Close the job description-oriented conversation by asking some questions that will give you a feeling for the employer’s real view of the work you will be doing. Find out what really is going to count. You might ask him, “What three factors will be most important when you judge my performance?” Which of those will carry the most weight?” Find out if what’s most important to the boss is most important to you.

If someone other than the person you have been negotiating with is going to be your supervisor, ask if you can meet with him. Review your understanding of the job with the supervisor and try to get a feel for the chemistry that might develop between the two of you. If you have any doubts, try to have lunch with him or spend an hour with him on the job. If you’re considering a position where you will have several coworkers doing the same thing, see if you can arrange to have lunch with some of the people you will be working with. I know .that this is an uncommon practice, but a lot of mistakes could be avoided if everyone did it.

Job hunters tend to be squeamish about asking about fringe benefits. After you are sure you know what the job is, go over the total compensation package. Do not be afraid to ask about insurance, vacations and so on. These are important items. That’s why companies offer them. Your questions, asked in the right tone, give respect to the hours of planning your potential employer has put into arranging his benefit program. Acting as though these items are unimportant is to slight someone’s work.

If you have any doubts about anything, now is the time to ask. Will you have a desk of your own? An office? A secretary? Will uniforms, tools, protective gear and so on be supplied? Will your work be reviewed semiannually or just annually? Will you receive inflation adjustments and merit increases? Do you know the hours? (Would you believe I left the bank and went to a manufacturing company and was there for three days before I discovered the company began work at 8:00! I was arriving at 9:00 and would have done so for even longer if my boss bad not asked me, “Have you ever noticed that everyone is here before you are?”) If you are wondering, ask.

Junior executives and executive job offers should be written out so that there is a clear understanding of what is being offered. It’s preferable that all job offers be written out. However, that would be so unusual for some positions that such a request could be totally impractical. You will have to be the judge. Whatever you do, be sure that you clearly understand what position is being offered.

Making a Decision
After you know what you have been offered, ask if you can have a few days to make a decision. Say, “I really would like to take the job and I do appreciate the offer; but I feel it’s too important a decision to make so quickly. Could I call you in three days and let you know?” Almost any employer will give you some time to make the decision. Alternatively, you could ask: “Will you please write out the offer and send it to me in a letter? I’ll get back to you within three days of receiving your letter.” You will have to decide how to ask, but be sure to ask for some time to think it over.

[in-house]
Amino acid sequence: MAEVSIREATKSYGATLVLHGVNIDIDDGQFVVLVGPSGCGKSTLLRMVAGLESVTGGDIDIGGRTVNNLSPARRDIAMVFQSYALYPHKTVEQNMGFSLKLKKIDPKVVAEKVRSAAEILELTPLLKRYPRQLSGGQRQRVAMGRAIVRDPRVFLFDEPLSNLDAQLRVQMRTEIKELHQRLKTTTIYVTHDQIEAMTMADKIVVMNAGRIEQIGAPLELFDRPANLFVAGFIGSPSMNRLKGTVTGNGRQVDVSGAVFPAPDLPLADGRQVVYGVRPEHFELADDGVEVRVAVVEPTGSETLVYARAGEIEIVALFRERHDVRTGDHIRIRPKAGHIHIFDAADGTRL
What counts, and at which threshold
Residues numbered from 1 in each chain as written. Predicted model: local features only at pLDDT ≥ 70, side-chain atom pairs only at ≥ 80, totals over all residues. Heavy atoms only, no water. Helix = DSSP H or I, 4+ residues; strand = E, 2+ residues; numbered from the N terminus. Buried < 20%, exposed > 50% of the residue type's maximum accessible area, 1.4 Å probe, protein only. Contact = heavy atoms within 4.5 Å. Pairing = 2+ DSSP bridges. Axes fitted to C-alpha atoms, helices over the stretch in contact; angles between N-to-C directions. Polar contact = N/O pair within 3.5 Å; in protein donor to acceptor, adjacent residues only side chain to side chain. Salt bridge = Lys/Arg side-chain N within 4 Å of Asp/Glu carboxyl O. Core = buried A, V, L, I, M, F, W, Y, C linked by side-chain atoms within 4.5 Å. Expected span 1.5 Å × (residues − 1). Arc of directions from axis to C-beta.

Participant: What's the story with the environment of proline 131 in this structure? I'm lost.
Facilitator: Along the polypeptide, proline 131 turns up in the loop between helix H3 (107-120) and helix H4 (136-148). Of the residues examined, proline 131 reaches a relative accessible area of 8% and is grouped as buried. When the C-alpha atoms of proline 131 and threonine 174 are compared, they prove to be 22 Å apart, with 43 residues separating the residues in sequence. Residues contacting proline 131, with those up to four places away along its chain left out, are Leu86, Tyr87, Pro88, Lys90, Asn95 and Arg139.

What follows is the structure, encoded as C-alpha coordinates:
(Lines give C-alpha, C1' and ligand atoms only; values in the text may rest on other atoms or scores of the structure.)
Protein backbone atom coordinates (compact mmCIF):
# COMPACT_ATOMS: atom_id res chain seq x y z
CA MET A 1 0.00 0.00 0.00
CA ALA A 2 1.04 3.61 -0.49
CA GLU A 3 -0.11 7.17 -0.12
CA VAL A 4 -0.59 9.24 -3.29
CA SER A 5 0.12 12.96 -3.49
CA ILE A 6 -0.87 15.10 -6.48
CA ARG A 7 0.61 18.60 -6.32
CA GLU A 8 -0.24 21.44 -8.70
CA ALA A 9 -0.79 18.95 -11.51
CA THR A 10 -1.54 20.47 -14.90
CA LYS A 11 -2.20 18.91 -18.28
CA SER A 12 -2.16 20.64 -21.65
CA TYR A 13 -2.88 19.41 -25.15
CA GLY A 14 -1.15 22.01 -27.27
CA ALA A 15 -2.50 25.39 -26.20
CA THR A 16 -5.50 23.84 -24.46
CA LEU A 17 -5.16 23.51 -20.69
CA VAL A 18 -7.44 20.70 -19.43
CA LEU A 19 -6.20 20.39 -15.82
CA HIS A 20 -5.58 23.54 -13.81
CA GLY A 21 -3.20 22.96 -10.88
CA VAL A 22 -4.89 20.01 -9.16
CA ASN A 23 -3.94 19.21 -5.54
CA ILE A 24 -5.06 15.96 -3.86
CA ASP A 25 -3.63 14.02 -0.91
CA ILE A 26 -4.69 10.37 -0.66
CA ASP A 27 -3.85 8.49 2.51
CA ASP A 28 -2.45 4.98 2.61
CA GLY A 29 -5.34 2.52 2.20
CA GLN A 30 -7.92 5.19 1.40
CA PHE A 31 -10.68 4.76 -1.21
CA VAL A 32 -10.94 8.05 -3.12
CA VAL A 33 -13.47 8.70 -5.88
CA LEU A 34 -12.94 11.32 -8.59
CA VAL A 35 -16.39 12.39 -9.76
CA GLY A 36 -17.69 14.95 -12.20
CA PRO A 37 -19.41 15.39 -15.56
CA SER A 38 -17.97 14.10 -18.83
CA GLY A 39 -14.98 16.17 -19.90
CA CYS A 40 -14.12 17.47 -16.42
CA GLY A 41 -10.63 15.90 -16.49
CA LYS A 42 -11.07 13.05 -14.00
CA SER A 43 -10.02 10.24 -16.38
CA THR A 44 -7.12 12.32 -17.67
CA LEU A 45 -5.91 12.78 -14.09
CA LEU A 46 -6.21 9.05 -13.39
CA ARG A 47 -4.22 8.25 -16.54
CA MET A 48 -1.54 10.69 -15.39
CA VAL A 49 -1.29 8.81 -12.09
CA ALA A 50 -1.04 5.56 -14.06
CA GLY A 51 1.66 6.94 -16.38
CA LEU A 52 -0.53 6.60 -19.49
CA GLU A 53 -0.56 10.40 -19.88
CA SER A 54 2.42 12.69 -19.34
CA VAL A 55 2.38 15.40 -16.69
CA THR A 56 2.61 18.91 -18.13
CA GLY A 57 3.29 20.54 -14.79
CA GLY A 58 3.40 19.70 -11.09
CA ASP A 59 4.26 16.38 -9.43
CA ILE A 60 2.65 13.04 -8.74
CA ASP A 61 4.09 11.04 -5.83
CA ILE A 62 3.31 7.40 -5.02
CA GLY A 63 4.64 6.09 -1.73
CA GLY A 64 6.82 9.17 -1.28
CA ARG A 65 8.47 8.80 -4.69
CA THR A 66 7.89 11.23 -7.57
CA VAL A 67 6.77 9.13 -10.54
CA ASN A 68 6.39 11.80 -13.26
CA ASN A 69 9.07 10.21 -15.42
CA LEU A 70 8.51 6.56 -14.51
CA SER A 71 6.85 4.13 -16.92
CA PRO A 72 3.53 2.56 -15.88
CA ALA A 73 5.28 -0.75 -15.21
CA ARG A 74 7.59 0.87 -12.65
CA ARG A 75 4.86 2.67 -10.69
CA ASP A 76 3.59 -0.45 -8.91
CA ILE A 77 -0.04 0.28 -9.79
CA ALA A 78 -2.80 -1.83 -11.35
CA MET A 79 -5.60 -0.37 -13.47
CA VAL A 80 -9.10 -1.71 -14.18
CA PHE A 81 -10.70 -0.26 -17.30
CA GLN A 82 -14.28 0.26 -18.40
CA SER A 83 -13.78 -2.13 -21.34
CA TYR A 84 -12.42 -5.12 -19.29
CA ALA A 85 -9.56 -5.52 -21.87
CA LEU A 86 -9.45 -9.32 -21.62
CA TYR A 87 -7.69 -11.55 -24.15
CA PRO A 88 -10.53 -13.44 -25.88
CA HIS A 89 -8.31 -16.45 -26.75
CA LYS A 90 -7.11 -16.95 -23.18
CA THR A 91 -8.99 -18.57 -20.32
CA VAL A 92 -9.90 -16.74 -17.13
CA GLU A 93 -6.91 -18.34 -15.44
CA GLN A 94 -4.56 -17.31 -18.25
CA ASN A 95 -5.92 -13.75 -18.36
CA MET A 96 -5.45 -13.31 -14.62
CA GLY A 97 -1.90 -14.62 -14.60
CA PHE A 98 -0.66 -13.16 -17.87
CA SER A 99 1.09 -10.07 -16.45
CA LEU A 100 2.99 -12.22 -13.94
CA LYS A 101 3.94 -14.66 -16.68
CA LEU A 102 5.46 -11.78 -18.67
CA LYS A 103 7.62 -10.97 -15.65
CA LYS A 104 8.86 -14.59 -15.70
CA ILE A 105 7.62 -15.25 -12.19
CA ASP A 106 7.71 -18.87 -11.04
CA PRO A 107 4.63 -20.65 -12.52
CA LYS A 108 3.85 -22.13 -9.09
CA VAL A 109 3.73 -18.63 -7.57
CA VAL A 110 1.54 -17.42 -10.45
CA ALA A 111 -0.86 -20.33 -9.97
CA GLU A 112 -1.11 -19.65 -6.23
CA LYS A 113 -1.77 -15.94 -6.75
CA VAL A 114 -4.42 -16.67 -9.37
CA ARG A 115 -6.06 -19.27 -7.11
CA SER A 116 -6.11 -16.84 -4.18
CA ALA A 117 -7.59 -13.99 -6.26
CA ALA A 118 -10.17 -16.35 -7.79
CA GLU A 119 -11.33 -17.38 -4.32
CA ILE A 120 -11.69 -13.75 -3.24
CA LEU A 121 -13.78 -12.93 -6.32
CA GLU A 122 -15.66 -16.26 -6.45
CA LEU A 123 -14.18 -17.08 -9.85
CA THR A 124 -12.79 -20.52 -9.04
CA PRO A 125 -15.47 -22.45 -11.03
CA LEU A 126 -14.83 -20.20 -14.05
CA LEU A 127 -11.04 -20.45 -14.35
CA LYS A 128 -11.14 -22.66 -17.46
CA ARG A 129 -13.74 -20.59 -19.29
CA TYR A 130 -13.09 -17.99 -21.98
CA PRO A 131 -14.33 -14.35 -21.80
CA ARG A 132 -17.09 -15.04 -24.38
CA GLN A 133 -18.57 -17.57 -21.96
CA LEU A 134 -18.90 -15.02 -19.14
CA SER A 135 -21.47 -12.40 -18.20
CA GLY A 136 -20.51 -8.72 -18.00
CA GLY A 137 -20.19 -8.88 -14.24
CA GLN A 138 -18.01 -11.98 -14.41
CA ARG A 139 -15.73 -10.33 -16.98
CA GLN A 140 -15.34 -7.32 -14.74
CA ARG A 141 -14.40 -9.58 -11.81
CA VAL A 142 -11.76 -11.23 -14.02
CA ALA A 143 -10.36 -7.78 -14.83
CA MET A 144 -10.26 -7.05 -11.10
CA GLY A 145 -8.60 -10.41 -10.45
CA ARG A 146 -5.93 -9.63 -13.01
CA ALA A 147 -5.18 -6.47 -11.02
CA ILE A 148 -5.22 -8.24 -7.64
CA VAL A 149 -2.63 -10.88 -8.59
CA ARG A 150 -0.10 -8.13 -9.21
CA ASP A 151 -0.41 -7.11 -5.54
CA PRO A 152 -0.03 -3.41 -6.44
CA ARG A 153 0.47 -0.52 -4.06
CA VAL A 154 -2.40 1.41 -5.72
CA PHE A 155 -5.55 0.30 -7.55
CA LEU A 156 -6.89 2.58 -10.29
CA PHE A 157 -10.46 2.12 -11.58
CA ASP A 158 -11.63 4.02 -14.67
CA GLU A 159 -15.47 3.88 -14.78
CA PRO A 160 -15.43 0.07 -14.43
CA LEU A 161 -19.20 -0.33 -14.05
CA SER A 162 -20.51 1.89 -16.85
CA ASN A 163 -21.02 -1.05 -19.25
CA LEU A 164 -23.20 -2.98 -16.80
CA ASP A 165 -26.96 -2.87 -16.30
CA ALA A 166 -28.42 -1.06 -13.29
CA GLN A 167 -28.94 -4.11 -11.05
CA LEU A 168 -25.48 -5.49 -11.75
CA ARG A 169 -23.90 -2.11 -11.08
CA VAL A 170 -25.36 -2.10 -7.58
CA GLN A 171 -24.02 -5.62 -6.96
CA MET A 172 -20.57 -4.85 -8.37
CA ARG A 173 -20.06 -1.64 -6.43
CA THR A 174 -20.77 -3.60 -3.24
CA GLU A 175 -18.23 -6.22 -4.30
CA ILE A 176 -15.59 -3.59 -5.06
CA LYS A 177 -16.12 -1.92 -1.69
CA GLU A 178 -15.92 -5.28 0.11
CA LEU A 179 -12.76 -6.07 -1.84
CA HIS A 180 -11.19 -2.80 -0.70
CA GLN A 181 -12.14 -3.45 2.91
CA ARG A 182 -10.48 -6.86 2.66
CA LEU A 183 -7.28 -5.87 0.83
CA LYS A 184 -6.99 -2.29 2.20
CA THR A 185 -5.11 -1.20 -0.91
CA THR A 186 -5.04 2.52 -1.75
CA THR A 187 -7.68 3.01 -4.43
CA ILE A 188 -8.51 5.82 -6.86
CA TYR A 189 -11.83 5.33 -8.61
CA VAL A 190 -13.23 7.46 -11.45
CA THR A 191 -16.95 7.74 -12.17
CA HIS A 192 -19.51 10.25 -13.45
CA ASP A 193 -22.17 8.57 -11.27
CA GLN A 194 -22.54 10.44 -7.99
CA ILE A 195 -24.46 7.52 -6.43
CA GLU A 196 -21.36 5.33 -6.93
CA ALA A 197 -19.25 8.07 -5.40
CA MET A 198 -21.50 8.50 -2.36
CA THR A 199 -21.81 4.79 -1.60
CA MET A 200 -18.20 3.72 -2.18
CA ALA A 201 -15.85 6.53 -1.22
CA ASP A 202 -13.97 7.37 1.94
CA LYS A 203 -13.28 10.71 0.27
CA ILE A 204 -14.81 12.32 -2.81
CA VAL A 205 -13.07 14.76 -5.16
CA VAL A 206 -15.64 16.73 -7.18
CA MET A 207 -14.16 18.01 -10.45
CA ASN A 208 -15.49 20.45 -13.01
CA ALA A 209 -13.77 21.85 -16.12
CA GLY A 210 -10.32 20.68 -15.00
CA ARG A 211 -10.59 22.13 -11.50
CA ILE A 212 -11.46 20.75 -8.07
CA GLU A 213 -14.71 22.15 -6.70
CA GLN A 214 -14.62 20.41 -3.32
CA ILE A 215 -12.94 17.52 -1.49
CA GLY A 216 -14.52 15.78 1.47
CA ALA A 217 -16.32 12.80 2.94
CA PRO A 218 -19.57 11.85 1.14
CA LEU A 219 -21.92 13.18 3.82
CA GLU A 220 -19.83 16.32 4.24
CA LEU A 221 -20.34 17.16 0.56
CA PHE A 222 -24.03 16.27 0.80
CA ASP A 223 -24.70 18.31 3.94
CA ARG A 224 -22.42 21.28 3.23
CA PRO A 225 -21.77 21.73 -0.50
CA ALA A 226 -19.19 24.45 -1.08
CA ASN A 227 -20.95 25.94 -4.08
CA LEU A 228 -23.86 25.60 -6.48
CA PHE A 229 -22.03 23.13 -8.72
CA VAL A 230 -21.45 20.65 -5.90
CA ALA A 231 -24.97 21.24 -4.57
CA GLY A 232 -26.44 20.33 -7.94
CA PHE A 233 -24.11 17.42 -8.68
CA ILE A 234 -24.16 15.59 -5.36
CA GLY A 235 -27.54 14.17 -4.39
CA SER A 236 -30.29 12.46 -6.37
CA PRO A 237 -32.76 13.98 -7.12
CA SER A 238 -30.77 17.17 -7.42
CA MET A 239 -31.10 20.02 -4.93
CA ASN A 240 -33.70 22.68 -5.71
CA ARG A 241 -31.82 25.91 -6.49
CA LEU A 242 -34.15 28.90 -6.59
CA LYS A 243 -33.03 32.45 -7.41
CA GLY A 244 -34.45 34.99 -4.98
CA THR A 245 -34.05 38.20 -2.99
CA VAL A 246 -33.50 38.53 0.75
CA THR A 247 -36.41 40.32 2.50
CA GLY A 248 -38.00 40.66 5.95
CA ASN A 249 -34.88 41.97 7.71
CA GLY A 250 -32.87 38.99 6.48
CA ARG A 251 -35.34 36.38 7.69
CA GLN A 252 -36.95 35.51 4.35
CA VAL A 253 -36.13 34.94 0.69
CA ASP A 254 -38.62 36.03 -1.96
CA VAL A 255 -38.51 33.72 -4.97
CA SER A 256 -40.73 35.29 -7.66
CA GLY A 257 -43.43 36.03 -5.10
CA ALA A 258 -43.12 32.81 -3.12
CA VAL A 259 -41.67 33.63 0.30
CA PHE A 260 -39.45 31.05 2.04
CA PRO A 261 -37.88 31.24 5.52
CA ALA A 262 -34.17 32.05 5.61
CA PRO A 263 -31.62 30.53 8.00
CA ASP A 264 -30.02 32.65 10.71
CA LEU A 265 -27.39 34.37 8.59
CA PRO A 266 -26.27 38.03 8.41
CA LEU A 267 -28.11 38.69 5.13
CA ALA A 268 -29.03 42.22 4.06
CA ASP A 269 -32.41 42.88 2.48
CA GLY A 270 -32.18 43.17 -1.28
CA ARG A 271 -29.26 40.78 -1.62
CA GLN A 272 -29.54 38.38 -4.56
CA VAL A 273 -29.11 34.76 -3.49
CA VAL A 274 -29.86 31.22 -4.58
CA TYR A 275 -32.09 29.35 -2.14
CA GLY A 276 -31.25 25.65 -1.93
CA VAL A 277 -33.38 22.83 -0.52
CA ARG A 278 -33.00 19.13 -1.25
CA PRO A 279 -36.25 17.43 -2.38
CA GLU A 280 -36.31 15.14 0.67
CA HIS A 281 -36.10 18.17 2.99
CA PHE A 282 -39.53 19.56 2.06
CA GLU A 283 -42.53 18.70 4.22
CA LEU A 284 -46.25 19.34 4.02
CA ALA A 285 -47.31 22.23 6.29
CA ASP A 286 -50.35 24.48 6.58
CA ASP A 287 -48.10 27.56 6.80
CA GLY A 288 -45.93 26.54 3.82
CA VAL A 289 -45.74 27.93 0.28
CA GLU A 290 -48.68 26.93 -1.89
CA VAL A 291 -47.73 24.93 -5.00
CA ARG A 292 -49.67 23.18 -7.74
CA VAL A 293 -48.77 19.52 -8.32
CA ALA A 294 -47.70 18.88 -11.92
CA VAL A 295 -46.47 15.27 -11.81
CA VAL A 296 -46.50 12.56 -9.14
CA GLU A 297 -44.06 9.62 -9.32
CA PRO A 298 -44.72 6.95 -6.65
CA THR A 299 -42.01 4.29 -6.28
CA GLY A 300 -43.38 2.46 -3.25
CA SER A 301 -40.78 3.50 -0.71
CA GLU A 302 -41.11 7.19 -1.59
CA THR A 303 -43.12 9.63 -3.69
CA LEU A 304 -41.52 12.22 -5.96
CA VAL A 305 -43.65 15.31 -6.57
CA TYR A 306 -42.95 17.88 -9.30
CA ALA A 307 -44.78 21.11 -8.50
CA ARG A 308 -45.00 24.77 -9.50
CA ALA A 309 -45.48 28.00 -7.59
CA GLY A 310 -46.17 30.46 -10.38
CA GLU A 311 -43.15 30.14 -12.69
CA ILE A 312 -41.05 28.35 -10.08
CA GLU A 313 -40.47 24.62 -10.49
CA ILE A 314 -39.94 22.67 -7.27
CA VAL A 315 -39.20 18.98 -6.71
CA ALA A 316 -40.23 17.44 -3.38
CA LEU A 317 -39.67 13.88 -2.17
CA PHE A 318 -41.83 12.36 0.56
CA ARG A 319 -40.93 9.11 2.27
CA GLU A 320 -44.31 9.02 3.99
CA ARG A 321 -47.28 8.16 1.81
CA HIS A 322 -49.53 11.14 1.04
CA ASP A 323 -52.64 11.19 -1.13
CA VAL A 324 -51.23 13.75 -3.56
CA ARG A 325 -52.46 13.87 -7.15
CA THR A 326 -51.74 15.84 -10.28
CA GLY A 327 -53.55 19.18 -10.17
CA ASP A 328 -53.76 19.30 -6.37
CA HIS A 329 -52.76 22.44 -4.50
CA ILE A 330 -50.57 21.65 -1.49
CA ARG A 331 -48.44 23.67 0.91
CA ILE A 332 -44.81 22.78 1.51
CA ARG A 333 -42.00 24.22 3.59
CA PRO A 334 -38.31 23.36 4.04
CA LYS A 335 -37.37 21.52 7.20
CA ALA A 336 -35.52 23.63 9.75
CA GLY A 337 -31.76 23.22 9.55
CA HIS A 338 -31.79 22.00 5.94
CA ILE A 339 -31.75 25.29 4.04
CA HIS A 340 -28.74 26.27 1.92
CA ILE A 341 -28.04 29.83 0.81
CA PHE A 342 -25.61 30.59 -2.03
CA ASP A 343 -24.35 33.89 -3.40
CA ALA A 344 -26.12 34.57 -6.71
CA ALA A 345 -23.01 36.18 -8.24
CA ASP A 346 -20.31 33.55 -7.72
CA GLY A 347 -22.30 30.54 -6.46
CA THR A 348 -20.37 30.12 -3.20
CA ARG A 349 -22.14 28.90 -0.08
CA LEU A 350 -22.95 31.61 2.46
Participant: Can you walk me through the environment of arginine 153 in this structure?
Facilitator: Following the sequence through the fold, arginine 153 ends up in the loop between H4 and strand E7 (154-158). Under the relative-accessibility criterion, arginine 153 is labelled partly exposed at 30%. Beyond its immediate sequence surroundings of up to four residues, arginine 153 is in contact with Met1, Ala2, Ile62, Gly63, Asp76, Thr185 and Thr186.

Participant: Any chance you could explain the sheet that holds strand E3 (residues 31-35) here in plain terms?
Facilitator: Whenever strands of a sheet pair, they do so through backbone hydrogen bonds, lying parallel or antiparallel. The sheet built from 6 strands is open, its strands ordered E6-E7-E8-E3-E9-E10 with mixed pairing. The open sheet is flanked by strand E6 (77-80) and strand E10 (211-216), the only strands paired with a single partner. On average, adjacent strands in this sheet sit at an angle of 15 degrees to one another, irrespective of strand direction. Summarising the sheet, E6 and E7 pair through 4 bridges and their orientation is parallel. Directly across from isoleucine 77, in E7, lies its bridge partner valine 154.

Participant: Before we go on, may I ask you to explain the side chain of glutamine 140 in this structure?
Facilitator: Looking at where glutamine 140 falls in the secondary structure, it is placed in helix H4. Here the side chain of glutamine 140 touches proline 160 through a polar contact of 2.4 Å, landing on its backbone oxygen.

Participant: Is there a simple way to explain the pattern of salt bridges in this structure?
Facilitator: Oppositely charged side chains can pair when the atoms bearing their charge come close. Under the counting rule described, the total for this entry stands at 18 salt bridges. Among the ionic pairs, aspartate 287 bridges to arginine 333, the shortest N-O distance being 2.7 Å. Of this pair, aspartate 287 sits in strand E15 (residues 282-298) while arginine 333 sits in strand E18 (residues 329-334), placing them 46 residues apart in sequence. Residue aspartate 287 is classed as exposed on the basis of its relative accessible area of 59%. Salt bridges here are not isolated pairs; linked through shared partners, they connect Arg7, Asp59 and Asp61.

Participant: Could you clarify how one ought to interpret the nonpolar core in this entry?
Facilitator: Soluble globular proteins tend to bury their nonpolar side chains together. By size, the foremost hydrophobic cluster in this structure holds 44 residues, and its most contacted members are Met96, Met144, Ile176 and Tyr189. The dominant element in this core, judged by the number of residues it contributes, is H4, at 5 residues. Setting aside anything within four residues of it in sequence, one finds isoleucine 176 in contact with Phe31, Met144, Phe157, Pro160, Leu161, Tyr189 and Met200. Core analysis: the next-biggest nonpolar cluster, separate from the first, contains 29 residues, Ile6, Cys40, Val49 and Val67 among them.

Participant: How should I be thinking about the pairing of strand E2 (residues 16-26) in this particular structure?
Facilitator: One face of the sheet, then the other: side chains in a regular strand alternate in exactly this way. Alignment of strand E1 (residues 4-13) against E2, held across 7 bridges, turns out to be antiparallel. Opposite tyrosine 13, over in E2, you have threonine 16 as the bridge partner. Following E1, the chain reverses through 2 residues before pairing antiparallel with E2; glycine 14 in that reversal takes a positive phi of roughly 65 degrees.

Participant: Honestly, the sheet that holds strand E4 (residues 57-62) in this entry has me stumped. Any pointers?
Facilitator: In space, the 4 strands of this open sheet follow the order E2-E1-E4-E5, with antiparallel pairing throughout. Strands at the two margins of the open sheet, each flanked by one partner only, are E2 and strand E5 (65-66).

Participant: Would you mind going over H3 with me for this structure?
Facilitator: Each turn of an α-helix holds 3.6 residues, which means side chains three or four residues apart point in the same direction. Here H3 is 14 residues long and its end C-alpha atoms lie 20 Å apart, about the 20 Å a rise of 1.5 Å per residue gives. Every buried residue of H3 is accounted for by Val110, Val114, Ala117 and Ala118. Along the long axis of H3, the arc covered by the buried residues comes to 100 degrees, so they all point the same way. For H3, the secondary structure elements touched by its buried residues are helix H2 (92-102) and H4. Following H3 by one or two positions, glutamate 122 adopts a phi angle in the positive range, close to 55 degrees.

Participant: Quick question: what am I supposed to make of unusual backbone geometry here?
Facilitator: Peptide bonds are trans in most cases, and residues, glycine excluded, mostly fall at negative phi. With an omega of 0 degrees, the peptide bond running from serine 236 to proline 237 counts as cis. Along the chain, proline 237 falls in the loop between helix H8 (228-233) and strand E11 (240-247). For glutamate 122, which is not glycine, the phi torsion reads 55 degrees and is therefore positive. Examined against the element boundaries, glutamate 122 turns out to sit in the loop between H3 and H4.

Now you must decide. This is your last chance to avoid making a mistake. You’re under pressure. It’s like the first offer you get when you put your house up for sale. You wonder, “Will I get another if I turn this one down?” You have to decide. How? Two ways: First, admit it if the job just doesn’t fit. Don’t force it, trying to make it something it is not. Recognize the error or problem, turn it down and trust the Lord to meet your needs elsewhere.

Second, put your decision before the Lord: “God, You know all the work I have done to understand what fits me. You, too, know that I am inadequate; unable to discern and understand all there is to know about what I am getting into. I ask You to put me on edge, keep me from peace, disturb my spirit to the point that I will know that I am making a mistake if there is something wrong with taking this job. On the other hand, I also ask You to give me a deep sense of peace and well-being if there is nothing wrong with taking this job.”

The Lord will honor this prayer. A sense of peace doesn’t mean that you will be super successful and eternally happy in your new job. The Lord may have some difficult lessons to teach you in your new position. There may be lots of pain and sorrow. But, if the job sours and you had put it before the Lord before you took it, you will be free from concern about whether the Lord is chastising you for taking a job against His will. You will also be more likely to stay, understanding that the Lord is working through your job to build your character.